The German raids on Nauru affected the Australian and New Zealand economies and were the greatest success achieved by German raiders in the Pacific Ocean during World War II. It took ten weeks to resume phosphate shipments from Nauru, and the loss of ships and damaged infrastructure led to a significant decline in output. The resulting phosphate shortages forced the introduction of fertilizer rationing in New Zealand from July 1941. Komet's bombardment of the island also interfered with phosphate consignments to Japan, which caused the Japanese government to threaten to reduce the aid it was providing to Germany. The success of the attacks on Nauru led to rumours in Australia and New Zealand that the raiders had been aided by treachery in the islands. Several investigations were conducted into the rumours and proved them to be unfounded.
Following the raids, the Commonwealth military forces in the Pacific took steps to prevent further attacks by raiders. The Royal Australian Air Force and Royal New Zealand Air Force flew an increased number of patrols in search of raiders operating near major ports. In addition, the Australian Naval Board requested that the British Admiralty authorise the redeployment of Australian naval units to meet the threat posed by raiders. This was agreed to, and the light cruiser HMAS Sydney and armed merchant cruiser HMAS Kanimbla returned to Australia from other stations. This allowed naval protection to be provided to Nauru and Ocean islands, and the armed merchant cruiser HMAS Manoora arrived off Ocean Island on 4 January 1941 escorting Trienza. Several Australian and New Zealand warships maintained a continual presence off the islands during subsequent months, and two field guns were deployed to each island. The attacks also led to the introduction of convoys between Australia and New Zealand. The naval authorities were able to use the intelligence they gained from the prisoners landed at Emirau to re-route merchant ships away from the areas in which the German raiders were operating; this greatly reduced the effectiveness of the raiders, and Komet and Orion only sank three ships in the period between the attack on Nauru and their return to Europe in late 1941.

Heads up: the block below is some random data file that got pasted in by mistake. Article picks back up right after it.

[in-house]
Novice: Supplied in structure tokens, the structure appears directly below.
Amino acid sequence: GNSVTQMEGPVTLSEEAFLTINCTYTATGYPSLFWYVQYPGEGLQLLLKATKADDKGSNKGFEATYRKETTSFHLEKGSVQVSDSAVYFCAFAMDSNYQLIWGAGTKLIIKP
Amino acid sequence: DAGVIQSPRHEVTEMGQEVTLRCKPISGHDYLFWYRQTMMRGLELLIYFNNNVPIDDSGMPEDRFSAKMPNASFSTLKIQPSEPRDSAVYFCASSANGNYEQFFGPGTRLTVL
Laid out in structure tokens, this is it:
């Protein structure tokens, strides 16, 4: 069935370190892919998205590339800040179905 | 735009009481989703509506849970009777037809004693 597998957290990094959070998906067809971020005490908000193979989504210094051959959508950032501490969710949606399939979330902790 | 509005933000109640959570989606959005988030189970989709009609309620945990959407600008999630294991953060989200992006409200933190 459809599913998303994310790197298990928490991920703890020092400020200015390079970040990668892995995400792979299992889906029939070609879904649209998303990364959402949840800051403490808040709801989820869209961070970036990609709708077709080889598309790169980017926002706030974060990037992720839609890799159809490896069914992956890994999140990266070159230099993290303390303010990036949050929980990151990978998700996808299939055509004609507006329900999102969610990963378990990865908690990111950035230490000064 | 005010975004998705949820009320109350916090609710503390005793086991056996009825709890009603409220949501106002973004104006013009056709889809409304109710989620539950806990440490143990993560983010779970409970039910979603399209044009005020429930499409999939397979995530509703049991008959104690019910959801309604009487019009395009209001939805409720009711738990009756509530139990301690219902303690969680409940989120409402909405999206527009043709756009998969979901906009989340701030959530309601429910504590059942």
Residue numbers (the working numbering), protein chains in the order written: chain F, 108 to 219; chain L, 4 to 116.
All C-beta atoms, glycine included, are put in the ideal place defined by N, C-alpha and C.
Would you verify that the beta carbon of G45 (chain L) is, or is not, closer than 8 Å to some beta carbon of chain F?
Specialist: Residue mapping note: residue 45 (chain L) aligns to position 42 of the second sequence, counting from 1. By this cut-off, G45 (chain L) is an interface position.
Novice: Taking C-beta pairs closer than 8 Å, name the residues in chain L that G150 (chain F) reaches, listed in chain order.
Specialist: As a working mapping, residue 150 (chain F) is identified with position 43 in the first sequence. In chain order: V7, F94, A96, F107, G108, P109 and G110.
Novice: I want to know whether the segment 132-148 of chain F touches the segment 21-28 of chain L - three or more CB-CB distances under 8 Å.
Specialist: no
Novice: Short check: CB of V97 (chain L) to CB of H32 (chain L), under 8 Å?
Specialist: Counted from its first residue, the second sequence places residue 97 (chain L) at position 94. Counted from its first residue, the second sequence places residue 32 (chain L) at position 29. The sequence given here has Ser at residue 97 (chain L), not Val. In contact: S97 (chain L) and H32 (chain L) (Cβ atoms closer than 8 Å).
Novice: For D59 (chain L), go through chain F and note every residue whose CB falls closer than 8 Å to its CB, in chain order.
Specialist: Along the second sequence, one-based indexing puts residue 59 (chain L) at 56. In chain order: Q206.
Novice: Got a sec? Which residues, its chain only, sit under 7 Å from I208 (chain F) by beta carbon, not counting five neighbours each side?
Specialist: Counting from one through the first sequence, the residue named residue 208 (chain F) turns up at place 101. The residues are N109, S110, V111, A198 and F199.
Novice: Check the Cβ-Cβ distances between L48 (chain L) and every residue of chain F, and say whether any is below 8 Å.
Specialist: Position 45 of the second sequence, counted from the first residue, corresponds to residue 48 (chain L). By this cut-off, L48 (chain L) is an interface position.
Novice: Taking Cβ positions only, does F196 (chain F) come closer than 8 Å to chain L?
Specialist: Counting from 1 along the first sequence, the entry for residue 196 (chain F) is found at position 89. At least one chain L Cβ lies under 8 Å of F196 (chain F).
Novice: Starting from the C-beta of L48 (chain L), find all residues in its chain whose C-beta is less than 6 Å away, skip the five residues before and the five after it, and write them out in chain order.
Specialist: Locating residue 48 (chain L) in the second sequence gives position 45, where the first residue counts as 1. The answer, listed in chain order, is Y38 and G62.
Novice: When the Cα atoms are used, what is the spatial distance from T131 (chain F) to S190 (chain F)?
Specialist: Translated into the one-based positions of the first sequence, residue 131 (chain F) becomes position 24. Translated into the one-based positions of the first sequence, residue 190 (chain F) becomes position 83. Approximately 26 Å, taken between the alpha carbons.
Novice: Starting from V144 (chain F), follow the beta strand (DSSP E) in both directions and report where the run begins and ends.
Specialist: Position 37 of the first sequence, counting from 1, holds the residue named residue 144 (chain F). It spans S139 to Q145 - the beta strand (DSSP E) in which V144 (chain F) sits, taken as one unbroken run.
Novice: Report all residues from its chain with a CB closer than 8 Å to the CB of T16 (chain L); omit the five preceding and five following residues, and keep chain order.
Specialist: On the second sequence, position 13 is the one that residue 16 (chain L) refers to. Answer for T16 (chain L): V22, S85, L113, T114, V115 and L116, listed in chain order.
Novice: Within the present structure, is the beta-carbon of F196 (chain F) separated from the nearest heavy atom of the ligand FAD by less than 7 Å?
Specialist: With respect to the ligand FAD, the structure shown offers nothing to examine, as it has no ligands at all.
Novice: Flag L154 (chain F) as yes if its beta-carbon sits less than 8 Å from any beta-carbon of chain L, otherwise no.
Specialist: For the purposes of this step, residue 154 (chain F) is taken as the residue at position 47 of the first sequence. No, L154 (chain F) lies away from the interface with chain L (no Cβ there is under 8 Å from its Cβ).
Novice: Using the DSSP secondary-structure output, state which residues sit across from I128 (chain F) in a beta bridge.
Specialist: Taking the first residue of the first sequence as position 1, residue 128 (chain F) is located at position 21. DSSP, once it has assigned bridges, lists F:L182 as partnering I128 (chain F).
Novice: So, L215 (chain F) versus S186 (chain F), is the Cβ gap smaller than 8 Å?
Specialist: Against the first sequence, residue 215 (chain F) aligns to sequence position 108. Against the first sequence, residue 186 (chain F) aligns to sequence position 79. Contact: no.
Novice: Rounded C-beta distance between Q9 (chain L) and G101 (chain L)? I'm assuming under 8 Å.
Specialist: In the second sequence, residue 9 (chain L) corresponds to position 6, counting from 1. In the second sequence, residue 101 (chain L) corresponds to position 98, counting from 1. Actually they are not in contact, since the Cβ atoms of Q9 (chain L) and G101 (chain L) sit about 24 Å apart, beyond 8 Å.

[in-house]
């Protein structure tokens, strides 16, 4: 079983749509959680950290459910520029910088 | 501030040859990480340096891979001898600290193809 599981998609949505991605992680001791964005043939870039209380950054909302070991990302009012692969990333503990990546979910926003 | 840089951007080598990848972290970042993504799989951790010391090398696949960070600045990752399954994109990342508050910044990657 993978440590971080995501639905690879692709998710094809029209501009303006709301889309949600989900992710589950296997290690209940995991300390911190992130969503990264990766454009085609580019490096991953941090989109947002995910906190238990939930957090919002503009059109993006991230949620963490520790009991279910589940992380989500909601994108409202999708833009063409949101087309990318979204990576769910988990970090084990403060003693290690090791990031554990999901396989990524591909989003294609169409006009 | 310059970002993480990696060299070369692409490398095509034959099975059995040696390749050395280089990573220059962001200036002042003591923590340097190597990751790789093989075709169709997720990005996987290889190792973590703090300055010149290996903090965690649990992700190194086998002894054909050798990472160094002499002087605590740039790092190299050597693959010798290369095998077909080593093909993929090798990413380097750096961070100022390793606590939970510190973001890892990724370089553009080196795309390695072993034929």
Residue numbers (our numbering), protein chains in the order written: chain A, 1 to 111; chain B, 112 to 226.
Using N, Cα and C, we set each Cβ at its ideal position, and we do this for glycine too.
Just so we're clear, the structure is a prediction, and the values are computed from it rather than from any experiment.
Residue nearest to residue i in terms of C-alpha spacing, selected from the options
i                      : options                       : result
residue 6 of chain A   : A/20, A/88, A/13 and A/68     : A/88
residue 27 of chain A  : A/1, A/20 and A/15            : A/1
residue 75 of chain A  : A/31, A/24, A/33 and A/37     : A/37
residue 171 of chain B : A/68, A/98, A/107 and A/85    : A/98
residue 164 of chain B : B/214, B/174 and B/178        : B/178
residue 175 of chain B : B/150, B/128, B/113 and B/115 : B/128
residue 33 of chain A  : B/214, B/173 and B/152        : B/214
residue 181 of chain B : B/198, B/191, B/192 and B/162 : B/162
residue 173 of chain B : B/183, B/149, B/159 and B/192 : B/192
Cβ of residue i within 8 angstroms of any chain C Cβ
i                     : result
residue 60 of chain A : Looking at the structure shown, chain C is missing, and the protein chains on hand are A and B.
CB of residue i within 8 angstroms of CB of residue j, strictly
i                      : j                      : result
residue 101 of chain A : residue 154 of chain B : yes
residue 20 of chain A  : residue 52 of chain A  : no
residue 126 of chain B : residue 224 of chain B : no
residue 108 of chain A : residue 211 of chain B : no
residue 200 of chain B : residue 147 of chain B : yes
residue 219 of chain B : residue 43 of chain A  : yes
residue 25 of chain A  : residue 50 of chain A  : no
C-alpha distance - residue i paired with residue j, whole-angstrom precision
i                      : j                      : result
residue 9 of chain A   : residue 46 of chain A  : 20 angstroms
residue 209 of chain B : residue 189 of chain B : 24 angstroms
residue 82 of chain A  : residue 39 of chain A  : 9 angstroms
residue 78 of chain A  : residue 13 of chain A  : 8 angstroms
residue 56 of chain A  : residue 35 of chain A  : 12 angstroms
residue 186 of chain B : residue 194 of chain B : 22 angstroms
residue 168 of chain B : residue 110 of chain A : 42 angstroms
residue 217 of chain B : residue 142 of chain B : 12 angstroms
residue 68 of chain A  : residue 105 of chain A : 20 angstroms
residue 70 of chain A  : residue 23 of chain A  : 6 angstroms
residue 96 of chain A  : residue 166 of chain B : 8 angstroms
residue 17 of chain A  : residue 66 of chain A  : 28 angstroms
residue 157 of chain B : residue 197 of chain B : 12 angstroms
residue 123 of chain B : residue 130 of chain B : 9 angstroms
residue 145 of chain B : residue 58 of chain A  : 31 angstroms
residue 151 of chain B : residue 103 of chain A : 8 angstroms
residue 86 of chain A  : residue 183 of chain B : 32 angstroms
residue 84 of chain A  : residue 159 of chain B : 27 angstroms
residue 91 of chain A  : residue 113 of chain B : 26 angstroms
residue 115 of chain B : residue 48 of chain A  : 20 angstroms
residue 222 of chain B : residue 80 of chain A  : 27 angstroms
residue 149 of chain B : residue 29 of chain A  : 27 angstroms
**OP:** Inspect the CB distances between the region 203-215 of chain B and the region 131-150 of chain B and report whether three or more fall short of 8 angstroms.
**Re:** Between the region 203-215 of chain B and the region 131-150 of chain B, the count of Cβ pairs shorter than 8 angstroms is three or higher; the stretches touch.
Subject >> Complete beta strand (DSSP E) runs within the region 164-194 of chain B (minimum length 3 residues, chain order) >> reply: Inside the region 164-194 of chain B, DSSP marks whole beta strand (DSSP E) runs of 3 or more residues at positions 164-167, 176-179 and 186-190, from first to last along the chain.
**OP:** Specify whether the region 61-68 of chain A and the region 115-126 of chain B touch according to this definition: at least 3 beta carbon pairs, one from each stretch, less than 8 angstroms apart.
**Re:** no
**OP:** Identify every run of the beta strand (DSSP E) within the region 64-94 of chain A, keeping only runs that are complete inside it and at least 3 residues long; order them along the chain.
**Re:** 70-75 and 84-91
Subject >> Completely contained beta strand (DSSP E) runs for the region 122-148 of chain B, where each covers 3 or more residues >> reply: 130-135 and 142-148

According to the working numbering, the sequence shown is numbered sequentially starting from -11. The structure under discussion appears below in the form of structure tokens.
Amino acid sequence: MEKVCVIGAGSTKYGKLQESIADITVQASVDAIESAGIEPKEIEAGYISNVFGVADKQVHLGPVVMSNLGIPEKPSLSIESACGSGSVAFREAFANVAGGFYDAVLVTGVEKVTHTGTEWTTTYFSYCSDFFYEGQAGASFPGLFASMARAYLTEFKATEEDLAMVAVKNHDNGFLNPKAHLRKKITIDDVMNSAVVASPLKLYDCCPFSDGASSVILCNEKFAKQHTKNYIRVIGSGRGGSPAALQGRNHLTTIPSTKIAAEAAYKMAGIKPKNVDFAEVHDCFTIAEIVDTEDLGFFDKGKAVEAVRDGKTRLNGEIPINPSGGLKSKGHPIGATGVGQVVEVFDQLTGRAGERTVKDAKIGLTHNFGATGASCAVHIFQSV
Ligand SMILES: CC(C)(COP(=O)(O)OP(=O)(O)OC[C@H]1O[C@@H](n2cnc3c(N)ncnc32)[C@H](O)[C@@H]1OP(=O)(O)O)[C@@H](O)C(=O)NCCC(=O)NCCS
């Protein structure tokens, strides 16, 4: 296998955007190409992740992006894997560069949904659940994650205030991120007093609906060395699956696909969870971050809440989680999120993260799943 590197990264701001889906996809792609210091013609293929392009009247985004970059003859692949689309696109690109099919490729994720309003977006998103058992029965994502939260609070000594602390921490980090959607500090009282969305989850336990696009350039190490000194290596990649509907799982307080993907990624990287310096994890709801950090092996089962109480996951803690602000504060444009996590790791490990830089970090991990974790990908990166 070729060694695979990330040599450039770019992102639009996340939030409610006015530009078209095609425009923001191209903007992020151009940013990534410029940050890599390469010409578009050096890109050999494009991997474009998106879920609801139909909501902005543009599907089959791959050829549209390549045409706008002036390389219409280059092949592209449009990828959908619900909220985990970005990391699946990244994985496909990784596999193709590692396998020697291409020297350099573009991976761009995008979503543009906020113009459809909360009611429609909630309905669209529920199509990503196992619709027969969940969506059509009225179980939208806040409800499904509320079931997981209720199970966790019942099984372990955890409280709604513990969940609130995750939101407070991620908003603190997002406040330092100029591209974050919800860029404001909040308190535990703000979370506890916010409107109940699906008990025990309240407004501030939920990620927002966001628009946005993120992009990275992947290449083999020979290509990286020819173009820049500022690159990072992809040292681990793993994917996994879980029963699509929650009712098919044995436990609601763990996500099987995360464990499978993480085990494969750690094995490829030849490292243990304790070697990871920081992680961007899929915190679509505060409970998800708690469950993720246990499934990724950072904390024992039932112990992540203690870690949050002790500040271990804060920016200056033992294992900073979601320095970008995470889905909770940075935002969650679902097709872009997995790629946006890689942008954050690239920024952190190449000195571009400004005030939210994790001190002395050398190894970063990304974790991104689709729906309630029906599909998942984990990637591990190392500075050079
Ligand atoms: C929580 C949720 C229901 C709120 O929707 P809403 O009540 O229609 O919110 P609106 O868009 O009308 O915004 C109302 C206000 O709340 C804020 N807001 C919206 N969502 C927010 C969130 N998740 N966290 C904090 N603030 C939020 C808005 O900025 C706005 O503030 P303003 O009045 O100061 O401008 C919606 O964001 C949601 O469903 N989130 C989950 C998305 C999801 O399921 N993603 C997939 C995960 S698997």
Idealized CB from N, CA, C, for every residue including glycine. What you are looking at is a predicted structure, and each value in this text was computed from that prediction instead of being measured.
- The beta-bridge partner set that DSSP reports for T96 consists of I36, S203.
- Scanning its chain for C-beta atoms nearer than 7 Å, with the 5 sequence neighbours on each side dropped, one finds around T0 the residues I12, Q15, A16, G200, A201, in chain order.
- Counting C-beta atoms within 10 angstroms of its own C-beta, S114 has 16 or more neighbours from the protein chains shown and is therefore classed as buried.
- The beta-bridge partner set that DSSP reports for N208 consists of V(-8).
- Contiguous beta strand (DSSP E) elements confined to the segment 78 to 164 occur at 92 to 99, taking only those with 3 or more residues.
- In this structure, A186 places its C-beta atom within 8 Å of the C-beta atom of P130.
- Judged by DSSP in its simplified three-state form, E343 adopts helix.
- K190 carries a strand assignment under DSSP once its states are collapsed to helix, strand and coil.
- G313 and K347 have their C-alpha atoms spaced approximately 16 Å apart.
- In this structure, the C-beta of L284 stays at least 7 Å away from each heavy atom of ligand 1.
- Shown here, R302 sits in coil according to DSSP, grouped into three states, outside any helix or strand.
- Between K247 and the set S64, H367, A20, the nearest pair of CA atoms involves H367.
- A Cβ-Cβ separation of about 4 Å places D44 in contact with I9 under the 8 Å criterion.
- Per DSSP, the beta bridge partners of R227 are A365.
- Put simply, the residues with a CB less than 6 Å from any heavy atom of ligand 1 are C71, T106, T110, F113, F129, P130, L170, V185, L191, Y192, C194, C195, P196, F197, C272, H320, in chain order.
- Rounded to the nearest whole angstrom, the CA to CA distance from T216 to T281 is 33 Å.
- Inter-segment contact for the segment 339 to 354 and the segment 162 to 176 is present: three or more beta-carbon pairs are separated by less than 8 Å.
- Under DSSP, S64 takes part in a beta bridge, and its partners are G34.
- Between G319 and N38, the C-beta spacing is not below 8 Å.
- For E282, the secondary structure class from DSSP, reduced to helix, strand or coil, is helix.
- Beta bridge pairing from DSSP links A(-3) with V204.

- by Komet
- by Komet together with Orion
- Pretes (2003), pp. 24–25
- Gill (1957), pp. 276–277
- Gill (1957), p. 277
- Gill (1957), p. 283
- "Hilfskreuzer (Auxiliary Cruiser) Orion". Retrieved 5 December 2013.
- "Hilfskreuzer (Auxiliary Cruiser) Komet". Retrieved 5 December 2013.
- Gill (1957), p. 280
- Jackson (1998), p. 94
- "MS Vinni's Story, Victim of Komet". Warsailors.com. Retrieved 2008-09-05.
- Gill (1957), p. 281
- Waters (1956), p. 145
- Jackson (1998), p. 95
- Waters (1956), pp. 145–146
- Gill (1957), p. 282
- Waters (1956), pp. 147–148
- Forczyk (2010), p. 62
- Gill (1957), p. 284
- "MV Vinni (+1940)". Wreaksite. Retrieved 5 December 2013.
- "SS Komata (+1940)". Wreaksite. Retrieved 5 December 2013.
- "MV Triadic (+1940)". Wreaksite. Retrieved 5 December 2013.
- "MV Triaster (+1940)". Wreaksite. Retrieved 5 December 2013.
|Wikimedia Commons has media related to World War II in Nauru.|
- Forczyk, Robert (2010). German Commerce Raider vs British Cruiser : The Atlantic & The Pacific, 1941. Oxford: Osprey. ISBN 978-1-84603-918-8.
- Gill, G. Hermon (1957). Royal Australian Navy 1939–1942. Australia in the War of 1939–1945. Series 2 – Navy. Volume 1. Canberra: Australian War Memorial. OCLC 848228.
- Jackson, Richard (1998). "Forcing Force Development: The Impact of the German raiders on New Zealand's Maritime Defences". In David Stevens. Maritime Power in the 20th Century: The Australian Experience. Sydney: Allen & Unwin. ISBN 1-86448-736-4.
- Pretes, Michael (2003). "The Nauru Connection". Wartime. Canberra: Australian War Memorial (23). ISSN 1328-2727.
- Waters, Sydney David (1956). The Royal New Zealand Navy. The Official History of New Zealand in the Second World War 1939–1945. Wellington: Historical Publications Branch.